Years ago I was watching a Steve Morse instructional video (yes, on VHS) in which he talked about how he holds his pick. Specifically, if I remember right, he holds it with his thumb and first two fingers — contrary to the grip 99% of people seem to use, which is thumb and first (pointer) finger. I believe Steve said that grip gave him better control, allowing him to pick faster, and specifically alternate-pick faster.
I’d always held the pick thumb-and-forefinger, but started messing around with “the Morse grip” at the time I watched the vid and on-and-off since. No surprise — he’s right. That grip does provide better control, but it also feels different and you have to change your hand position here and there to do certain things, notably palm-muting in my case. It also makes pinch-harmonics more difficult, or at least different-feeling.
So what? Well, in my never-ending quest to understand and mimic Ed Van Halen’s tone, which includes his technique, I’m going through a phase of being amazed by his right hand strength.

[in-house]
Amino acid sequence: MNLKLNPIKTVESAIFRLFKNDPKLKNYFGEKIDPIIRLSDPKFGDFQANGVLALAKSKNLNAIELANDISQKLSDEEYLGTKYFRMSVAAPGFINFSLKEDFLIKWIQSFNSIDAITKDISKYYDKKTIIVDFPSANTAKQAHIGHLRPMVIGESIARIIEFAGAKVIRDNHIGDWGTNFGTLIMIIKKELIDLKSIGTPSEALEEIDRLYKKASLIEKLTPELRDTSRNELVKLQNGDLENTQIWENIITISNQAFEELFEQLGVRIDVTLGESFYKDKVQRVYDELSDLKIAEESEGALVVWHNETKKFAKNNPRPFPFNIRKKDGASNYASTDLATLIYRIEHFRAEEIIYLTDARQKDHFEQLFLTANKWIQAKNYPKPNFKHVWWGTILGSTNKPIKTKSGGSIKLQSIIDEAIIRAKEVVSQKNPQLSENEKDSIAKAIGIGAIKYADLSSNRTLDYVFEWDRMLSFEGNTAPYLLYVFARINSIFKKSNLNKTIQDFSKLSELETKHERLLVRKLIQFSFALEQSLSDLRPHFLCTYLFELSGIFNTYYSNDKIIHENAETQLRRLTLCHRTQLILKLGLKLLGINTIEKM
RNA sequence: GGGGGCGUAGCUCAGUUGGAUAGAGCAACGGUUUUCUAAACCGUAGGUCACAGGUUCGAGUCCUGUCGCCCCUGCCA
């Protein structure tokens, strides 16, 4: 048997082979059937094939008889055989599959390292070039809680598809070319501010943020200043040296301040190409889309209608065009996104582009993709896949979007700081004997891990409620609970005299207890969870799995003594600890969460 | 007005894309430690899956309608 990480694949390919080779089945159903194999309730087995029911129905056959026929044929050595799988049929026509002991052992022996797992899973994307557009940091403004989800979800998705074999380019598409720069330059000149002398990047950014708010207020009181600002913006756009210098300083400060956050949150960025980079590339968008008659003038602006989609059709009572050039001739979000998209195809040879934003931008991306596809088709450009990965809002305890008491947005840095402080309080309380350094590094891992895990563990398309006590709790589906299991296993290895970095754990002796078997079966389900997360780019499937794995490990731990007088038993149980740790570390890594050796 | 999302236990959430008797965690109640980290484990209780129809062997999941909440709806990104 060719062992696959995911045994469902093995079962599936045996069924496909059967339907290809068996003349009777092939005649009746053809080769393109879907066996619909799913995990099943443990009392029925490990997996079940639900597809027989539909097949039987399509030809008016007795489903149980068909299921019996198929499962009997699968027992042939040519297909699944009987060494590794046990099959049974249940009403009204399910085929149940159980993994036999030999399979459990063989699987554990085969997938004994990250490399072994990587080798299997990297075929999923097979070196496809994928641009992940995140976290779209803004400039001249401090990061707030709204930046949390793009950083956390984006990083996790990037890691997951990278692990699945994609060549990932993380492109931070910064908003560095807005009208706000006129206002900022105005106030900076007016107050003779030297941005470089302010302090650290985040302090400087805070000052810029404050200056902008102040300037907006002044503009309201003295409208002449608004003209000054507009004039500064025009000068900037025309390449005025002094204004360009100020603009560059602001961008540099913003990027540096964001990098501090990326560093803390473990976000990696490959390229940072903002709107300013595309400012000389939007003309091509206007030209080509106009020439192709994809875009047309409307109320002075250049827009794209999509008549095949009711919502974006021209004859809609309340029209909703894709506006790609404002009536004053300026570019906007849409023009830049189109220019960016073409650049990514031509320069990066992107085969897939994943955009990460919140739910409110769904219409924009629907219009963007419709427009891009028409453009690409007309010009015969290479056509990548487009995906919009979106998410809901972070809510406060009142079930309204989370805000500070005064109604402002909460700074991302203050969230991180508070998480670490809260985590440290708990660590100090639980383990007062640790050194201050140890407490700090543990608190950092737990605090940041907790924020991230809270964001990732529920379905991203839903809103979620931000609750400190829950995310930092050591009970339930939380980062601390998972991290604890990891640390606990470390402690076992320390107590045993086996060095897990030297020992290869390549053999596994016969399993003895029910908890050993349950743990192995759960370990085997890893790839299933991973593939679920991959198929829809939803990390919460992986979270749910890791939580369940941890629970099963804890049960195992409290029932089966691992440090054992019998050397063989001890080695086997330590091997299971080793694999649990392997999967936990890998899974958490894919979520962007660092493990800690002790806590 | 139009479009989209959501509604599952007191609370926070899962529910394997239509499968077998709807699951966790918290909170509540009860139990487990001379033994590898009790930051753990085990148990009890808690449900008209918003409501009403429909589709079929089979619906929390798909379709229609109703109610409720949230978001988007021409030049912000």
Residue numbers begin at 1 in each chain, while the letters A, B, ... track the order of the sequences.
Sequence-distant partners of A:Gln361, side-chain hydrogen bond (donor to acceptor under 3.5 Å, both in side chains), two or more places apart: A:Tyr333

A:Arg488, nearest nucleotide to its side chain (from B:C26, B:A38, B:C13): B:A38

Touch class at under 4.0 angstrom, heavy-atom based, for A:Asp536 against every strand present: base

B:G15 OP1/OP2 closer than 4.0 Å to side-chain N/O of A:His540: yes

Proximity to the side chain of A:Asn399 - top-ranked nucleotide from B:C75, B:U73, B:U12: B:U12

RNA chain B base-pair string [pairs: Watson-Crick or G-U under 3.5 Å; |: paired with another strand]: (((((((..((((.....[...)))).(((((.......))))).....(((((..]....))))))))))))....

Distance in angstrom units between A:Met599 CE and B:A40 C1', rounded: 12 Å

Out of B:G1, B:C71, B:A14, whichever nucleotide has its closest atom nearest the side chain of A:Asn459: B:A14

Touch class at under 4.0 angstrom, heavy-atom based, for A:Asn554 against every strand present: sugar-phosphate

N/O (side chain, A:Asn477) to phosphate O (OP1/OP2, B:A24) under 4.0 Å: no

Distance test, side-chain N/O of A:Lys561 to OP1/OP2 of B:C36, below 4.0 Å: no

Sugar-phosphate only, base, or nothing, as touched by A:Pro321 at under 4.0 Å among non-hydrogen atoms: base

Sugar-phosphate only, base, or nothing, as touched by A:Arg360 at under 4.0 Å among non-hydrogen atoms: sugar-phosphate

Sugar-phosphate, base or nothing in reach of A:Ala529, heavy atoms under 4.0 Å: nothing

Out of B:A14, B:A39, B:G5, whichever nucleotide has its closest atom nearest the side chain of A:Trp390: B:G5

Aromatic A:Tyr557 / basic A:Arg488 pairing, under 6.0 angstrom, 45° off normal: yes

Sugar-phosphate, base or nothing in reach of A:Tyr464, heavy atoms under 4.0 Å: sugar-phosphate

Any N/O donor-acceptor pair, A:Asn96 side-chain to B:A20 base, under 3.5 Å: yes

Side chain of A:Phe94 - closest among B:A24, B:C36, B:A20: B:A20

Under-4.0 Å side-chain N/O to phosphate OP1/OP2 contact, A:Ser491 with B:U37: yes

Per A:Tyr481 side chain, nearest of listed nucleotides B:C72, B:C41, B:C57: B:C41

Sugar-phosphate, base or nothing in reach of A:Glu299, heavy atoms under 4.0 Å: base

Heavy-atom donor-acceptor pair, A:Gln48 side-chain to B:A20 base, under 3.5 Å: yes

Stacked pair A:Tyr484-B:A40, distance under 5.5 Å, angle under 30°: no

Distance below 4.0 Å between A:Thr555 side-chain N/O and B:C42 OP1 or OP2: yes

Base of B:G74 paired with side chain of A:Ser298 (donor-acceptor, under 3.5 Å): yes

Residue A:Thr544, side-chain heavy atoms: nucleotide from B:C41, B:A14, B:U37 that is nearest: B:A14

Lots of people talk about how the best players have the lightest touch, and generally I believe that’s true. I’m sure Ed has a light touch when he needs it, but he also manhandles the guitar — tons of force when he wants it, and a way heavier touch than it might appear, even on the right-hand hammers.
Anyhow, he holds his pick with his thumb and the first two fingers, or thumb and second finger only at times with the first finger resting on the side of the pick. I’ve tried doing the thumb/second-finger-only thing, and it’s tough. I think what helps him do it — aside from all that practice — is his immense hand strength.
Anyhow, if you can get the thumb-and-first-two-fingers grip going, it definitely helps to get some Ed-related tones, at least to my ears. You can hit the strings a lot harder with a lot more control. Try it out.
Incidentally, I hold the pick with one of the fatter sides of the triangle hitting the strings. This is what George Lynch does, and it works much better for me control-wise than using the typical small-point-of-the-triangle grip. I never seemed to get the same grip every time when I did it that way, especially when my hand got sweaty.